Speaking of Indiana, a fellow soon-to-be graduate took his Foundations exam and passed. He said the Acupuncture Strategy class we take with HB Kim really prepares the student for the test. There were a few cases of difficult terminology on the test. Different schools, especially the Five Element schools of acupuncture, use different terminology for excess or deficiency and the different pulse positions. But these questions were few and need not be worried about.

I will be taking my exams in the next month and a half. I want to finish as soon as I can because the state application process can take several months. A past graduate friend of mine waited at least three months for her state license. So be prepared, you may have to wait. I am going to try and start the application process and mail as many documents as I can in advance to hopefully speed up the process.

Comprehensive Exams

Only four more weeks to go and I can barely believe it! 

With graduation, comes what seems like never-ending tests. I have previously spoken of comprehensive exams that must be taken as an intern increases in clinic rank. Well, the Exit Exam is similar but only for those that are graduating. The exam's purpose, I have heard, is to make sure the graduates are fully competent and will be able to pass the boards tests.

The comprehensive test is an accumulation of questions from various instructors of the program. They often are old test questions so they should be familiar to the student. The exam includes sections of Biomed, Foundations, Points, Differential Diagnosis, and Herbs for those in the herbal program. The comp test usually includes a practical portion, but this portion is excluded for those taking the Exit Exam. After taking the Biomed Board and currently studying for the Herbal Board, I am not worried about taking this exam; it should be a piece of cake. The comp exam does require a pass rate of 70% to continue in the clinical portion of the program. The instructors have chosen the 11th week to take the exam so there is sufficient time to make up the exam for those who need to retake it. The same applies for graduates taking the Exit Exam.


Photo of Dr. CaiAnother project I am working on is a uterine fibroid case study for my Herbal Senior Seminar with Dr. Cai. This class specifically focuses on OB/Gyn topics. This is very important since at least 70% of our patients are females who may have some gynecological complaint. Infertility, painful periods, no period, or menopausal disorders are often seen. I have not had a patient with uterine fibroids so this is a great opportunity to research the topic. 

I will obtain a complete medical history from the patient and then come up with a treatment plan and herbal formula for the particular patient. On the day of class, I will bring the patient in and we will have a grand round-like atmosphere. I will share the case with the classmates and Dr. Cai. Then there is opportunity for any other questions to be asked directly to the patient. After, we will provide treatment to the patient. This type of class format is great because instead of paper cases we can actually talk to the patient, take pulse, and look at their tongue and observe their constitution. Whatever your learning style, I think one will find that the program accommodates all of them.

39 Days to Go

Oh my gosh, I just counted the days to graduation and it leaves me with two feelings--a feeling of dread and one of joy. Dread, and I am not going to fib, because next few weeks are going to be tough with so much studying that has to get done between my six clinic shifts. Joy, because after six years of schooling (undergrad and master's), I will be able to share with the community everything I have learned by applying it to my patients.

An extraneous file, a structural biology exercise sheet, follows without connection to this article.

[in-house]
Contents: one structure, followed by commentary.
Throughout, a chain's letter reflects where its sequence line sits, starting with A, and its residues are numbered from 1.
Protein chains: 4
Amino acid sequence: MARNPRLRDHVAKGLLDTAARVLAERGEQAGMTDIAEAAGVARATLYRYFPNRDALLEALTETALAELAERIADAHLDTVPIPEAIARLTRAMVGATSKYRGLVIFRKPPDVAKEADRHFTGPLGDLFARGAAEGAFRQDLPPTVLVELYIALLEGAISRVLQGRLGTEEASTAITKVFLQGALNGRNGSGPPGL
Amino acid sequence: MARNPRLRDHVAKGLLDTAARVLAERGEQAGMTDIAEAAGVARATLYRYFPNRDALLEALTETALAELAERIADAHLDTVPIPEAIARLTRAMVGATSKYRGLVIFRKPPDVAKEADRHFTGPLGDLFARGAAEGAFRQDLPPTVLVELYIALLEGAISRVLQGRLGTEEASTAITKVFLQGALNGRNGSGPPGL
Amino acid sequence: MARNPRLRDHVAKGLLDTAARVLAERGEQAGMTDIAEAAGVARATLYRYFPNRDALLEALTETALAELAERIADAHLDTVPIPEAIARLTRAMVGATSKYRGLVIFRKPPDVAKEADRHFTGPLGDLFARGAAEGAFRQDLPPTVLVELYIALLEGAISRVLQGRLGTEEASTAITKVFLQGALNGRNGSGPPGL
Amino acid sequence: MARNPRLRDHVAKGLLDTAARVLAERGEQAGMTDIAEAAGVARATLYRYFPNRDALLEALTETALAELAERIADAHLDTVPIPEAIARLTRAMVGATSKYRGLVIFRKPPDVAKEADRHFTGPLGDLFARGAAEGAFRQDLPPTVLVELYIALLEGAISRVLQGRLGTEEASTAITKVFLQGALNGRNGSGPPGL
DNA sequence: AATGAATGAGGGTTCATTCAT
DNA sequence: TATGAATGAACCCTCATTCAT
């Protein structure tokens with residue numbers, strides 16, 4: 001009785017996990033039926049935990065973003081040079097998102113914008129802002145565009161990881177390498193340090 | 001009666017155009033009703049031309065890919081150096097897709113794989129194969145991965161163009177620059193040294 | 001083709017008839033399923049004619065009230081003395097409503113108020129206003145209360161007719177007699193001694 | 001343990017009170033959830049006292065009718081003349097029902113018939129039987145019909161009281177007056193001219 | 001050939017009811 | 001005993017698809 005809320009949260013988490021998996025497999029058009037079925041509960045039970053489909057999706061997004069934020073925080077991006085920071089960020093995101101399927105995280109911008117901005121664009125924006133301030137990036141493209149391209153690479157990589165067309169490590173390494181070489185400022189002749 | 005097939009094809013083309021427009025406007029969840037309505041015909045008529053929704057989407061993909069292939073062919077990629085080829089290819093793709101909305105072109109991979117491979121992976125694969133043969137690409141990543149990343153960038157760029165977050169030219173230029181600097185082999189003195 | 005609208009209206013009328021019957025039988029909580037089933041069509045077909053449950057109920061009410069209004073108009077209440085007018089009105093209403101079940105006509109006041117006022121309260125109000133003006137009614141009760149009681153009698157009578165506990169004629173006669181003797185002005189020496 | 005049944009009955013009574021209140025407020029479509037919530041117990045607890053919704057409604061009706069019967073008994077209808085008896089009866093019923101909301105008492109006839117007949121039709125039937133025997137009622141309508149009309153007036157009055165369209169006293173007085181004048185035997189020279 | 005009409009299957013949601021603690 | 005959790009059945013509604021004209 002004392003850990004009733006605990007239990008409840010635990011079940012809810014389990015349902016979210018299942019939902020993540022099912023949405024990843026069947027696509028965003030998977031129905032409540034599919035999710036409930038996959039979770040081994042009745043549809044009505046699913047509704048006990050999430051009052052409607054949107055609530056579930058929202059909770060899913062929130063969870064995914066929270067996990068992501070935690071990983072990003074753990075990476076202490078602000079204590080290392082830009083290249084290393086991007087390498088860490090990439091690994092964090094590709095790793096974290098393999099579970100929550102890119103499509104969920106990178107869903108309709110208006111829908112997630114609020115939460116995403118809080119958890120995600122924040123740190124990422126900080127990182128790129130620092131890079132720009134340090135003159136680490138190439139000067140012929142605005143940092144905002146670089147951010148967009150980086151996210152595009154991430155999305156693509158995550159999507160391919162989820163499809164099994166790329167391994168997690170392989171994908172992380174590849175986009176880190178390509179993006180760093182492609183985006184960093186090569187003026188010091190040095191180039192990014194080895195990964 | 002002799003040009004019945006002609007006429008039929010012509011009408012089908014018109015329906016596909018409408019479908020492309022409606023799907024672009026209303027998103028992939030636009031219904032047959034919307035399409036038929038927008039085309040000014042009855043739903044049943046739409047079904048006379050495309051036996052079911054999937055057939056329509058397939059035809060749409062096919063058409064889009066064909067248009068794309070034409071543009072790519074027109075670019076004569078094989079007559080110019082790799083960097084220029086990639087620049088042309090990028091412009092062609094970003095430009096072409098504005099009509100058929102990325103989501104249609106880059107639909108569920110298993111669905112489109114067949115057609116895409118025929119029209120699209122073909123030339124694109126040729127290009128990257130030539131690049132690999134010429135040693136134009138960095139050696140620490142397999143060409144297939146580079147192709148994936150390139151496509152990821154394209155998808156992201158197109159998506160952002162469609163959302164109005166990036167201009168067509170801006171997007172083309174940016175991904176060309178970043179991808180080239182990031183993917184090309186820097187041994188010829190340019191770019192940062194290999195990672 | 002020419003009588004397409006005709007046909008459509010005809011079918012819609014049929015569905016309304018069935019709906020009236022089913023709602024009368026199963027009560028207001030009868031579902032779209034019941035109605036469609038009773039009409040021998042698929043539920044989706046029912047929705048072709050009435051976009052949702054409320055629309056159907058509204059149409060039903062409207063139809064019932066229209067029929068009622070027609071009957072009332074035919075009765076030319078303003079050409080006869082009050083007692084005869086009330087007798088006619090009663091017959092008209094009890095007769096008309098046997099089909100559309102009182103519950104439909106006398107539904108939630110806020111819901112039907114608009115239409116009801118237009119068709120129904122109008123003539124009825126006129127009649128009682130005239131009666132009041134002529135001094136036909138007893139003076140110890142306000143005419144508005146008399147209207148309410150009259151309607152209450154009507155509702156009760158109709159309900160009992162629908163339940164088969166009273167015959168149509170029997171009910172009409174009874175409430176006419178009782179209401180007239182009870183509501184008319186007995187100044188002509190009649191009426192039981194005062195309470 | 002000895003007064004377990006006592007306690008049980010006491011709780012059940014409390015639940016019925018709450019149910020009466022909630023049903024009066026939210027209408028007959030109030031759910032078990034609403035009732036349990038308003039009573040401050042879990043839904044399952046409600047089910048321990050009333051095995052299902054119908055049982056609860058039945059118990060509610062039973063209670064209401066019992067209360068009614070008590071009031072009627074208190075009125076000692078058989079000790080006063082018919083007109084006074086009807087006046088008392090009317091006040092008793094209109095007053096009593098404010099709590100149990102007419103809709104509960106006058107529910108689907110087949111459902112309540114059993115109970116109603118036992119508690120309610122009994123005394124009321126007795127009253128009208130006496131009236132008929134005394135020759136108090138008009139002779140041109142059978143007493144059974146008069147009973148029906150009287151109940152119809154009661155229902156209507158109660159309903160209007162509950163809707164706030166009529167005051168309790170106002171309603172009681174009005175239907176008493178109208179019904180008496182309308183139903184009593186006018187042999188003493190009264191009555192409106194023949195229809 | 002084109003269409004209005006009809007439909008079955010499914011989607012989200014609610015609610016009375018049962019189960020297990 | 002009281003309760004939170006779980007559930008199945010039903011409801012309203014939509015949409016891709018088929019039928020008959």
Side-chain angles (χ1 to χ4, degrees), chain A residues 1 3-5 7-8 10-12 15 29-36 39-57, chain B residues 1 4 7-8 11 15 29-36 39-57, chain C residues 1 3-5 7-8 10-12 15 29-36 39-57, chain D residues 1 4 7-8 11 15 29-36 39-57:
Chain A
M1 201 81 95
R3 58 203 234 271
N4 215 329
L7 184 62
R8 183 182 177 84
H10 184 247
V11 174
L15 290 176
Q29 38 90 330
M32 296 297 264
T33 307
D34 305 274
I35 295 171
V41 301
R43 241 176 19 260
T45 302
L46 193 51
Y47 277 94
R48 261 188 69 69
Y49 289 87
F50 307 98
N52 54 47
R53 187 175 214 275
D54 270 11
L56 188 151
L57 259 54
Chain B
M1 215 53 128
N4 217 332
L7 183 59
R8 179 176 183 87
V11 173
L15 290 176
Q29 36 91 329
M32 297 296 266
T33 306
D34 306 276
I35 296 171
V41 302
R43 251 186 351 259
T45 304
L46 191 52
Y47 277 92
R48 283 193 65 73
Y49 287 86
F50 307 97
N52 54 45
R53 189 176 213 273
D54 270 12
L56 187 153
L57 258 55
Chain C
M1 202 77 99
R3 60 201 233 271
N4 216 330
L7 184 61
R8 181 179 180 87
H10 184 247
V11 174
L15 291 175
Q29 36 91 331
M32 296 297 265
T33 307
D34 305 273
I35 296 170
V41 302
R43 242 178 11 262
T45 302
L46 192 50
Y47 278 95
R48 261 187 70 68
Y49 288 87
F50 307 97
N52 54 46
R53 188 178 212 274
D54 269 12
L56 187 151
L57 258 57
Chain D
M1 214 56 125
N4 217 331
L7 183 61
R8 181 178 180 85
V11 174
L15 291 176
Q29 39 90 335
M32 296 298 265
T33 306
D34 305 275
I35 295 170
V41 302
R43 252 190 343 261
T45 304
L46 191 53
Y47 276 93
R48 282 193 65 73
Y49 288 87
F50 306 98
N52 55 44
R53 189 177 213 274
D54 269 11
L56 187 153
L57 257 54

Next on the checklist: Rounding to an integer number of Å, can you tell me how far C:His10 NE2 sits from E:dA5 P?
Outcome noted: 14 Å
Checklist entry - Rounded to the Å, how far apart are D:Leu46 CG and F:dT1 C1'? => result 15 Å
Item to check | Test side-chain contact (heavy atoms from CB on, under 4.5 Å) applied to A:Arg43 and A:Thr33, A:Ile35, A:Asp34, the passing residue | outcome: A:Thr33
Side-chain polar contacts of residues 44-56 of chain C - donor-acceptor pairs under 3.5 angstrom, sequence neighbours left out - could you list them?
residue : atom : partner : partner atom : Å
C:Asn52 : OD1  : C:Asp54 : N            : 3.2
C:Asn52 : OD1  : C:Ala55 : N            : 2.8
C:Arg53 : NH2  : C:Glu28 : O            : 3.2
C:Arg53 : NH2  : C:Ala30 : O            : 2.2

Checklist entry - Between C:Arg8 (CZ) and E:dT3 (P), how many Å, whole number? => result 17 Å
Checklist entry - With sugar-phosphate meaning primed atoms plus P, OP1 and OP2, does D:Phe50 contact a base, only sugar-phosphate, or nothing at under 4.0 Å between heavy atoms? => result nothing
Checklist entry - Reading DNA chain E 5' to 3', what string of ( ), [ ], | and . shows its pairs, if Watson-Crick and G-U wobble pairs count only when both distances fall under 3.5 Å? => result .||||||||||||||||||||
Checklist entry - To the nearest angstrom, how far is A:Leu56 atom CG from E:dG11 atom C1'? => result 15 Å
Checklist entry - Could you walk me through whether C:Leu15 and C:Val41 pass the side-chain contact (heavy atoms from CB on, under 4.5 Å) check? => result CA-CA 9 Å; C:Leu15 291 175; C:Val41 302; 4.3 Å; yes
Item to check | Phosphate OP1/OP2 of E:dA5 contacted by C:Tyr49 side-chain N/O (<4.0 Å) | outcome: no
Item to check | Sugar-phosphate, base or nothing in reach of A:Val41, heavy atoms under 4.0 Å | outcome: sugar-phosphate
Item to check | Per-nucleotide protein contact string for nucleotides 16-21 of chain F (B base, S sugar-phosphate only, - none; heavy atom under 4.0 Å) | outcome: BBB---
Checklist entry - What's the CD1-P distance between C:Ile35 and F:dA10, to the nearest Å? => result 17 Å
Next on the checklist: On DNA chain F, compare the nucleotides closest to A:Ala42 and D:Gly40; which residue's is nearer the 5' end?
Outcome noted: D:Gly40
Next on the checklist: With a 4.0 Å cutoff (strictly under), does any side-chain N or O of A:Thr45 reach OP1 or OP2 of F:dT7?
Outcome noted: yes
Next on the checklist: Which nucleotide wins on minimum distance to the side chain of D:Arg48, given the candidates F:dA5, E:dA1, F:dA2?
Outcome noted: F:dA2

At the same time, as goes with most graduates, I wish I had a year of residency to follow a master in my field. In the next few weeks I will be on the search for someone whom I can shadow once a week to increase my skills, especially in herbal medicine and needle technique. I have spoken with a few of my instructors and they have done something similar and found great useful knowledge from their master herbalist or acupuncturist. I know there is one acupuncturist in California, whom I might contact, that specializes in the pulse. His name is Jimmy Chang, but he does charge a fee to follow him, so I'm keeping my options open.

Naturopathic Medicine

As a student at National, you have the option to use the DC, ND or MT clinics at a low cost or for free. I advise going to see the other medical students in their clinics so you can see what their patient visit consists of, as well as what they treat and how they may benefit one of your patients. National prides itself on integration and prepares students on how they may incorporate it into their practice.

I began to see an ND student at the beginning of the trimester to help me with a cleanse. She gave me advice of what to take and eat and what to eliminate from my diet, but she has also incorporated some constitutional therapies for me, one of which is hydrotherapy.

2011-07-13_StudentFellow ND student helping me with treatments.

Hydrotherapy is the use of alternating hot and cold water to bring about homeostasis to many bodily functions. My intern has specifically tailored my treatments to boost my immune system and increase my parasympathetics to reduce my feelings of stress. The treatment usually lasts an hour and consists of alternating hot then cold towels over the chest then the back. Usually, during the cold phase, electrodes are placed on certain areas of the body. The patient is then wrapped tightly for a certain amount of time. The time is chosen by the intern to meet the patient's individual needs. After my treatments, I am extremely relaxed. I believe they have helped me manage my stress and keep my immune system high so I can better fight off any colds during this extremely busy trimester.

Trust me, I love acupuncture and know it is great for relaxation and boosting the immune system, but I also know there are other options that can be explored, like naturopathic medicine or Tai Chi or yoga, etc.